© 2018 Greg & Sylvia RAY
You are currently viewing Wartime fears of a seaman’s daughter
Wounded seaman being carried from the damaged freighter Allara in Newcastle, 1942

Wartime fears of a seaman’s daughter

FOR young Daphne Roper the most important thing about any ship entering Newcastle Harbour in the difficult years of World War II was its funnel. Daphne’s father Alexander McMorran was a chief engineer with the “iron ships” of BHP, and she knew the company’s ore-carrying vessels bore two blue bands on the top half of their funnels. Seeing a ship with the two blue bands make its way around Nobbys was an exciting sight for Daphne, her mother Anne and her little sister Annie.

“During those years, with Japanese submarines haunting Australia’s east coast, each goodbye was bittersweet, leaving us all wondering whether it might be the last,” Daphne wrote.

Young Daphne Roper with her parents and baby sister Annie in Katoomba in 1939.

“Newcastle’s shipping families were an insular lot. Censorship was our first lesson: ‘Don’t tell anyone when Daddy is coming home or sailing away’. We seemed always to be the first to hear the news when another ship went down – but not which one.”
In the early morning of June 3, 1942, BHP’s Iron Chieftain was sunk with the loss of 12 lives. The next day Scott Fell’s Iron Crown followed, with 38 lives lost. On February 8, 1943, BHP’s Iron Knight was torpedoed off Bermagui, with the loss of 36 crew members.
“I well remember feeling a strange envy for my friends whose fathers were in other services because they only had to face one goodbye. Dad did survive but he lost many friends to torpedo attacks.

The Allara’s lucky escape from a Japanese submarine

“Dad always insisted on air raid practice using the shelter he had built in our backyard. He was such a pedantic Scot engineer, holding the stopwatch after blowing a whistle to see how long it took Mum and we two daughters to reach the shelter – usually at night, of course.
“The ships could only berth on high tide in those days and he wanted to come home even if that meant a midnight berthing. So Mum would wake us and we would climb into our old 1927 Ford, driving over the treacherous wooden bridge across the industrial train lines at Tighes Hill and down to the BHP wharf where this darkened hull would glide into the berth with no more than a swishing sound.”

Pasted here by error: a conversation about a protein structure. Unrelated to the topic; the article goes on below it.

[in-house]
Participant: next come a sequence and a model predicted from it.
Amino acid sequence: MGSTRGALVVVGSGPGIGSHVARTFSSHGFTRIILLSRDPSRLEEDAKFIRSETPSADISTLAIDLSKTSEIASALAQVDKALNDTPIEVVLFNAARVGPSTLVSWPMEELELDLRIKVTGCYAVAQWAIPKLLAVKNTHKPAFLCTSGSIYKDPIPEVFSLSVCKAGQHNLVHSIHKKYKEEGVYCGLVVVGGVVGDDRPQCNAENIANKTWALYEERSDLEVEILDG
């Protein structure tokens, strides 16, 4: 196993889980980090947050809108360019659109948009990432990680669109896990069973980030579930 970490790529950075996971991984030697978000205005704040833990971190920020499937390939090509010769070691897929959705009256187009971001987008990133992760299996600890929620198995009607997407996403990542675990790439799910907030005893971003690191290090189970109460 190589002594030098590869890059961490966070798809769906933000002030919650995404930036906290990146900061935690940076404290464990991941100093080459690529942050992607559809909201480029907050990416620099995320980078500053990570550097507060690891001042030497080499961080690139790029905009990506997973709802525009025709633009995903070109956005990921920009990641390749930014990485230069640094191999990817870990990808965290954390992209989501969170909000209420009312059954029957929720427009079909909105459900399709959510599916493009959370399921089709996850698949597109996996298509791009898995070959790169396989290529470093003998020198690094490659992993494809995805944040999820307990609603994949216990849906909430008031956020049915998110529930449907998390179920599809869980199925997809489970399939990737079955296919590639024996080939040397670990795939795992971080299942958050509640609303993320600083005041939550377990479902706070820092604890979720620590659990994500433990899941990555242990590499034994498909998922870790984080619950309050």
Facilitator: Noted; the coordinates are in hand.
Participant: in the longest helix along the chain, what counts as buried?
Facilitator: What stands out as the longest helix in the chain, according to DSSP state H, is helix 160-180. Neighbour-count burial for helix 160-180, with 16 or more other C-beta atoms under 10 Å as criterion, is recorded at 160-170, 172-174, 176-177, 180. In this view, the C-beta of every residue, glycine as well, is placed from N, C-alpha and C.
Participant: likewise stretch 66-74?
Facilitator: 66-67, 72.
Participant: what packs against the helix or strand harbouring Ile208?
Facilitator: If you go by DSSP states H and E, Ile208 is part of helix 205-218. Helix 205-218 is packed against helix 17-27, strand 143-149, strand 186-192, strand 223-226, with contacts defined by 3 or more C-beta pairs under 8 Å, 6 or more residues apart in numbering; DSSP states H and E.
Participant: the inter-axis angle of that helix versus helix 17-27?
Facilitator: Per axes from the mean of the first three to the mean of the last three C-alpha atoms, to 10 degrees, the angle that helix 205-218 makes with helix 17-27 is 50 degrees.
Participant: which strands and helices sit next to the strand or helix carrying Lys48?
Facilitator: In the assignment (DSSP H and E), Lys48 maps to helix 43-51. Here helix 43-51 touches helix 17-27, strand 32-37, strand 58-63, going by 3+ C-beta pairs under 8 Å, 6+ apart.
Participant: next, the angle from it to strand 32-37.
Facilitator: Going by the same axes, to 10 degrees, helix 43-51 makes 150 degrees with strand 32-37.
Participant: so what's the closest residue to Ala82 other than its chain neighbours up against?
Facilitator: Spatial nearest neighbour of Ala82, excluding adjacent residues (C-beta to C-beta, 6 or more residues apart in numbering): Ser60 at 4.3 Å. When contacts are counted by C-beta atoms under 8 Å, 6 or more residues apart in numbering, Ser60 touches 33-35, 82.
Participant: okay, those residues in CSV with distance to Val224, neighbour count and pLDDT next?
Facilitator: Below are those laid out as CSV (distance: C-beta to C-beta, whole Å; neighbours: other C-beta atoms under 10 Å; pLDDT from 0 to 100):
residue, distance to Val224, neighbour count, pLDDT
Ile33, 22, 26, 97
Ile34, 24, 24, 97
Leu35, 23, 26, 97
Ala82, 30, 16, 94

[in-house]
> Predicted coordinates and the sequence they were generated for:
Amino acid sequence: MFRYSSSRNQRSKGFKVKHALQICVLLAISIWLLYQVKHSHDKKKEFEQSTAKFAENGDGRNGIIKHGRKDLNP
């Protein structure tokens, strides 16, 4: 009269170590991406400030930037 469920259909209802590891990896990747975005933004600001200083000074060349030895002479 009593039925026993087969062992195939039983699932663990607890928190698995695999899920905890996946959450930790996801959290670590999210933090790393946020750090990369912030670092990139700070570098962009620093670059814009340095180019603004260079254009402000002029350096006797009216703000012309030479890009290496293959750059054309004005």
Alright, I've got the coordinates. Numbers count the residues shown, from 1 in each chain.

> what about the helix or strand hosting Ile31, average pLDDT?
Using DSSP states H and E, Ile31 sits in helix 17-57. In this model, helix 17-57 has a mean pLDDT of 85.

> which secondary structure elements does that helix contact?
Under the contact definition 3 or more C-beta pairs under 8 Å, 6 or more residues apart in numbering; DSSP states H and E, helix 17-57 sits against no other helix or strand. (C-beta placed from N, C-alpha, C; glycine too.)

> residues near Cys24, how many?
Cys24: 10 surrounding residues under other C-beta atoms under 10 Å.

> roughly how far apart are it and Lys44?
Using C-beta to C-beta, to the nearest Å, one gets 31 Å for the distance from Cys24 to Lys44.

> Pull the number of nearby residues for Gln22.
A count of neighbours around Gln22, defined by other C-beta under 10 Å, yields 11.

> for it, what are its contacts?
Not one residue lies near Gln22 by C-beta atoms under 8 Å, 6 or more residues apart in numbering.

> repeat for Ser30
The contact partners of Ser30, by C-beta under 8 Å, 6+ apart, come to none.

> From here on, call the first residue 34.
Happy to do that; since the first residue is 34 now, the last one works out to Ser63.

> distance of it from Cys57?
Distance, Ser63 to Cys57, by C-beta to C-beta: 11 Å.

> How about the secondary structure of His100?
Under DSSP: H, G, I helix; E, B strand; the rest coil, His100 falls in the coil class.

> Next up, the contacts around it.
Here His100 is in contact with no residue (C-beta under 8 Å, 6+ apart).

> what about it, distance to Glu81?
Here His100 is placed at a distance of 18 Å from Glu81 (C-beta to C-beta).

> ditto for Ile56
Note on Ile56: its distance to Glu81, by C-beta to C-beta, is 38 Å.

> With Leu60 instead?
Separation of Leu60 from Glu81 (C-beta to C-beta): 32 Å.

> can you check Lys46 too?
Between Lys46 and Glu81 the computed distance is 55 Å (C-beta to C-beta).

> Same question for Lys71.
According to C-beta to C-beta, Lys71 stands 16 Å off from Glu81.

Boys of Cooks Hill Intermediate School digging air raid trenches

Daphne was at at Newcastle Girls High School, which had air raid drills and slit trenches in the schoolground.
“We needed to have identity tags – most of the girls had locket-like name tags on chains. Ours were ghastly BHP metal disks about 8 cms across and were the laughing-stock of my friends. Dad had them made as a foreign order of course. We also carried raid satchels containing a pannikin, soup cube, chocolate block, ear plugs and the rest now forgotten.”
When the war ended in August 1945, Daphne remembers school closing for the day and recalls feeling overwhelmed by the news.

The war is over, August 1945: Newcastle celebrates.

Celebrations in Newcastle, NSW, for the end of World War 2, August 15, 1945.

“I was crying as I walked down National Park Street. Other children were cheering and celebrating, but I was just in tears.”

From our book, Travelling Through Time.

Leave a Reply